also brought their First Offering to God in this church on July
5th, 6th and 7th respectively, and the latter of whom was left here
awhile as regular assistant. It was on the occasion of this
ordination that Bishop Juncker also laid the corner-stone for a
new church, which, under the title of St. Francis Solanus, was to
be in charge of the Franciscan Fathers and was intended to take
away a part of the too extensive St. Boniface Parish. Before he
left he also dedicated the new addition to the cemetery. In the
same year, June 12th, Father Schaefermeyer had been appointed
by Bishop Juncker vicar-general of the diocese, which appoint-
ment was later ratified by his successor Bishop Baltes.

Even after a portion of the parish had been severed, the
church was far too small to accommodate those who remained.
To bring about the necessary relief, it was decided in the sum-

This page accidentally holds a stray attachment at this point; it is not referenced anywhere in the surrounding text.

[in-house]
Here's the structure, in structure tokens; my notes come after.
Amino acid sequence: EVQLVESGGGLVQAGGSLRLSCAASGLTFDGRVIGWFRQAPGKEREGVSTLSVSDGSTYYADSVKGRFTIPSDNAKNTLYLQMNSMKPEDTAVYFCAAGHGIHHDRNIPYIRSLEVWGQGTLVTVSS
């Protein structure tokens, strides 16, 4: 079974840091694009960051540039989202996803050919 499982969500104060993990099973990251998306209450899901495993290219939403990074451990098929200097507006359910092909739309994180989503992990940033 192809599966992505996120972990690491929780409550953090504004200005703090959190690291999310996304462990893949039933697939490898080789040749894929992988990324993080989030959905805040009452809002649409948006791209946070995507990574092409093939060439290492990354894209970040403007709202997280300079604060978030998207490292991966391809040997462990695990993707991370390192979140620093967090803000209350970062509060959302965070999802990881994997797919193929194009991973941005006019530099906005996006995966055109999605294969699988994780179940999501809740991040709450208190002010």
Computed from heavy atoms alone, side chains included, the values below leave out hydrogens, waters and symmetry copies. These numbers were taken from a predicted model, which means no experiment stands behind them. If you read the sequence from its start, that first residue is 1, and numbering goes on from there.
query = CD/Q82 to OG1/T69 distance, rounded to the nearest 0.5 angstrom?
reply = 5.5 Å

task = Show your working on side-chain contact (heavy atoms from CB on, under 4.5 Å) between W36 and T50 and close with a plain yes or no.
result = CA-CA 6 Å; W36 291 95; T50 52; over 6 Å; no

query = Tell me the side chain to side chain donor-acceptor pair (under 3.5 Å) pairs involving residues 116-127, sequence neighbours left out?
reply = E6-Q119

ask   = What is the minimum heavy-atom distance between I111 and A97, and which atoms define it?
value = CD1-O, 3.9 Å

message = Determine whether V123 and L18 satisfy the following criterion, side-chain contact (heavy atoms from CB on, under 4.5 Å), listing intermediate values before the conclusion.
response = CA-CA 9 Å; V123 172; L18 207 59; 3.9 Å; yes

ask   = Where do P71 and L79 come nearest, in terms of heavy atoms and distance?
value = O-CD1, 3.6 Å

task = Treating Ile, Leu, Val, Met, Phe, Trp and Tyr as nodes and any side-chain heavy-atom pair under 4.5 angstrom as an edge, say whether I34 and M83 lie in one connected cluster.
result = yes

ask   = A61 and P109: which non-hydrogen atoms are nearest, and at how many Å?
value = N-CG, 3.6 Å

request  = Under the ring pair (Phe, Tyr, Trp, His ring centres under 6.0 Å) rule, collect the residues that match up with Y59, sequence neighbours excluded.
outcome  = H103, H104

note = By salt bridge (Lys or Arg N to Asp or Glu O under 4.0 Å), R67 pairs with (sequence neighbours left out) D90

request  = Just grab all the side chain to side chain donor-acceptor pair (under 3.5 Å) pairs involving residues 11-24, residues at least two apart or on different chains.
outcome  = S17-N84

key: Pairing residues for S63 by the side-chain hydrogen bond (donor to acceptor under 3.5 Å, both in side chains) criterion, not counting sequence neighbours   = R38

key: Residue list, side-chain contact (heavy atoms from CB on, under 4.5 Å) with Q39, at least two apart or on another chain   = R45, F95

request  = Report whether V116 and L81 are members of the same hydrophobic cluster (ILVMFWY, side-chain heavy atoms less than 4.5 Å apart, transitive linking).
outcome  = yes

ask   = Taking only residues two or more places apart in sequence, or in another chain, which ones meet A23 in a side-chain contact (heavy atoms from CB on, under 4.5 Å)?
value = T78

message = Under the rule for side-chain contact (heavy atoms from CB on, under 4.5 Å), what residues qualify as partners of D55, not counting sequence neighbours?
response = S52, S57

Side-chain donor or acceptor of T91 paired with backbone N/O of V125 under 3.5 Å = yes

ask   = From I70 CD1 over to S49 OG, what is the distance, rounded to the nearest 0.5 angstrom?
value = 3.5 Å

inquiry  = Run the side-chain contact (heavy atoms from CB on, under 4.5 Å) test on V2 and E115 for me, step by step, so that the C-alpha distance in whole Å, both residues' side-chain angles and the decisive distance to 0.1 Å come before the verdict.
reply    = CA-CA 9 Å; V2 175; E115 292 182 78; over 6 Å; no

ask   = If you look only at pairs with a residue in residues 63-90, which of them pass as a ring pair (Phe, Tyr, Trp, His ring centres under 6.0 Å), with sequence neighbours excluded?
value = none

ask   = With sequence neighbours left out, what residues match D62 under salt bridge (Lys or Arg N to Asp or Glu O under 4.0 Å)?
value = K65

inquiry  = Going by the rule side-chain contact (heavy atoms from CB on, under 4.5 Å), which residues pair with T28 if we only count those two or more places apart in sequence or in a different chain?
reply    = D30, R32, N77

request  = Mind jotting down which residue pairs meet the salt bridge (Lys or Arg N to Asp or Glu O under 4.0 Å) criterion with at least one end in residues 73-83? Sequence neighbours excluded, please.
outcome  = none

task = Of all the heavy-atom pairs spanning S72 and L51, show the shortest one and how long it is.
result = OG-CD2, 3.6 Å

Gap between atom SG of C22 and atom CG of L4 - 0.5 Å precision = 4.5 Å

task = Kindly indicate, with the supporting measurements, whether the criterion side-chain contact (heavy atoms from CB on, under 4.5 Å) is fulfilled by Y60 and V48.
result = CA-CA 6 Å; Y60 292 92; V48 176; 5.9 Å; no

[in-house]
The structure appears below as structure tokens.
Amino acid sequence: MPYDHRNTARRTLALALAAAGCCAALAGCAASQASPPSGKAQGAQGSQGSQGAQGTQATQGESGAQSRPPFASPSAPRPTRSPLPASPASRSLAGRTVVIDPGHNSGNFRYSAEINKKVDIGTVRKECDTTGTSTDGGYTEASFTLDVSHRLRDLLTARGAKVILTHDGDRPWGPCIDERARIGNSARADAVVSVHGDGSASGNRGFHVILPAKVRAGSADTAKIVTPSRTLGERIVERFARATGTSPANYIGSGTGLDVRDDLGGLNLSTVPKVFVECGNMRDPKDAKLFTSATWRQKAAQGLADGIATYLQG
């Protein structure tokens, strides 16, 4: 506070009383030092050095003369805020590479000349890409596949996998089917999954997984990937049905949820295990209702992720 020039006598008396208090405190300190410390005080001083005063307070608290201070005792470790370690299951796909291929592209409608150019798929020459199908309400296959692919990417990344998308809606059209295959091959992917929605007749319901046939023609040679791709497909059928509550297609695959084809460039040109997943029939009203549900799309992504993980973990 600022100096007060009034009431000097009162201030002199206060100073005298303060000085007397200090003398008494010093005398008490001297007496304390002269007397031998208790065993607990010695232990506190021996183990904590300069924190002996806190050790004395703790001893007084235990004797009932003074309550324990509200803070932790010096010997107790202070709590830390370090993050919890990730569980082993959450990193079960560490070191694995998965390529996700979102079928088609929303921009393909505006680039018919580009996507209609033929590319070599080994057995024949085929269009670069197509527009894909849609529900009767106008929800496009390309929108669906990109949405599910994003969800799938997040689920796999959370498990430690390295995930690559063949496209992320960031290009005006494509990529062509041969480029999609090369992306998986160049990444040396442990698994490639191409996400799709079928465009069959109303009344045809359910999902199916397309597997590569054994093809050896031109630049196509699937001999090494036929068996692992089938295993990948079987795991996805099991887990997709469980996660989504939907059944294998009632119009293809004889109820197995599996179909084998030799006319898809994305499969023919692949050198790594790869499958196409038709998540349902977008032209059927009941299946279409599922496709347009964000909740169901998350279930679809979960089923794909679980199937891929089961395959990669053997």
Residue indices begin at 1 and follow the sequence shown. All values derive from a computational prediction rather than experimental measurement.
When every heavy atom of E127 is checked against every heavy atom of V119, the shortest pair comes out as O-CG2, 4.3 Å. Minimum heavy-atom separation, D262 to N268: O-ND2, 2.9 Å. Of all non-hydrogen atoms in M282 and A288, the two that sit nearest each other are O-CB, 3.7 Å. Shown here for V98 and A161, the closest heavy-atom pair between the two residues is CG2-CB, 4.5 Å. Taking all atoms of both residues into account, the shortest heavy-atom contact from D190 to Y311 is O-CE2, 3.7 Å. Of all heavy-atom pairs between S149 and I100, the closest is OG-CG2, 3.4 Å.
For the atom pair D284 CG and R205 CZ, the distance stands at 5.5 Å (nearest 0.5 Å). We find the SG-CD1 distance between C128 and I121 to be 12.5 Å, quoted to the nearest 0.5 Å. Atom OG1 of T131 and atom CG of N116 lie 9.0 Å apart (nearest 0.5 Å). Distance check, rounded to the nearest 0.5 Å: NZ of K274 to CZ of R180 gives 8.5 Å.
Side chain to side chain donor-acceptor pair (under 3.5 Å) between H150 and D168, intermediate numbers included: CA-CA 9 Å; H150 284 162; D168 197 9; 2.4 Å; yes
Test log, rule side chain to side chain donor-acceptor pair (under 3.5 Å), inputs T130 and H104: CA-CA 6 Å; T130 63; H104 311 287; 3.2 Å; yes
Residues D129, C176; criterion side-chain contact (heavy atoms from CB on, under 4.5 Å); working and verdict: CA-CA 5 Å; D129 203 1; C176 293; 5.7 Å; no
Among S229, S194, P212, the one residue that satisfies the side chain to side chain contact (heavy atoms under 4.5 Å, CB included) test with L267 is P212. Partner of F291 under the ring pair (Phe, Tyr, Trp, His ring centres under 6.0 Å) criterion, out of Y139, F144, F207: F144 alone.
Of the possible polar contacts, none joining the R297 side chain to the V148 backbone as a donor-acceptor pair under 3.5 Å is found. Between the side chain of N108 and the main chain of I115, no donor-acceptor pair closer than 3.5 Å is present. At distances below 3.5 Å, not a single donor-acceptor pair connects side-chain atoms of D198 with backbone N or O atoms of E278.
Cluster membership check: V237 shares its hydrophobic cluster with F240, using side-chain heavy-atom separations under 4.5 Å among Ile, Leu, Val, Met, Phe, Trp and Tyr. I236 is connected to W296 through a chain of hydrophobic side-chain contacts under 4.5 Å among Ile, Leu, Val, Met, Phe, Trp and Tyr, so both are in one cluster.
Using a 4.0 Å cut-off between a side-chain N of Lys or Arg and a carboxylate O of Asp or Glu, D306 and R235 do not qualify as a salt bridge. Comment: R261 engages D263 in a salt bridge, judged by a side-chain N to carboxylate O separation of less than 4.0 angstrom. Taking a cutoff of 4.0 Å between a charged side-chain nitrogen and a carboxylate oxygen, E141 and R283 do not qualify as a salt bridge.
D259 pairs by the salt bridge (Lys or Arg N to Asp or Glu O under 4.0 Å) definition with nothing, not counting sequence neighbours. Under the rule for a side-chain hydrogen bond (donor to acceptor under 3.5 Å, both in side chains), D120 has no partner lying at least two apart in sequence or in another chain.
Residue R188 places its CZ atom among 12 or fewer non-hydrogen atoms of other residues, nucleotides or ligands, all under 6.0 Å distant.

mer of 1861 to tear away the rear wall of the building and to


erect an addition to be used as a sanctuary, thus leaving the
entire original structure for the use of the faithful. The result
was the carefully planned sanctuary which still serves its pur-
pose, and which through its general elevation of 2 feet 7 inches,
and the additional 2 feet 2 inches height of its steps, places the
priests at the altar in full view of the entire congregation. In
addition to the sanctuary, also new sacristies were built to the
east and to the west, and the place hitherto used for a vestry
was converted into a chapel, now used for a baptistry.

On March 8th, 1862, Henry Kalmer, who had come from
Germany in 1850, was ordained priest, and he is the first member
of the parish to receive Holy Orders.

In June Bishop Juncker administered Confirmation, and he
remained in Quincy nine days, celebrating Pontifical High Mass
at St. Boniface on the feast of its patron saint, June 5th.

In 1863 the church was painted within and without by a cer-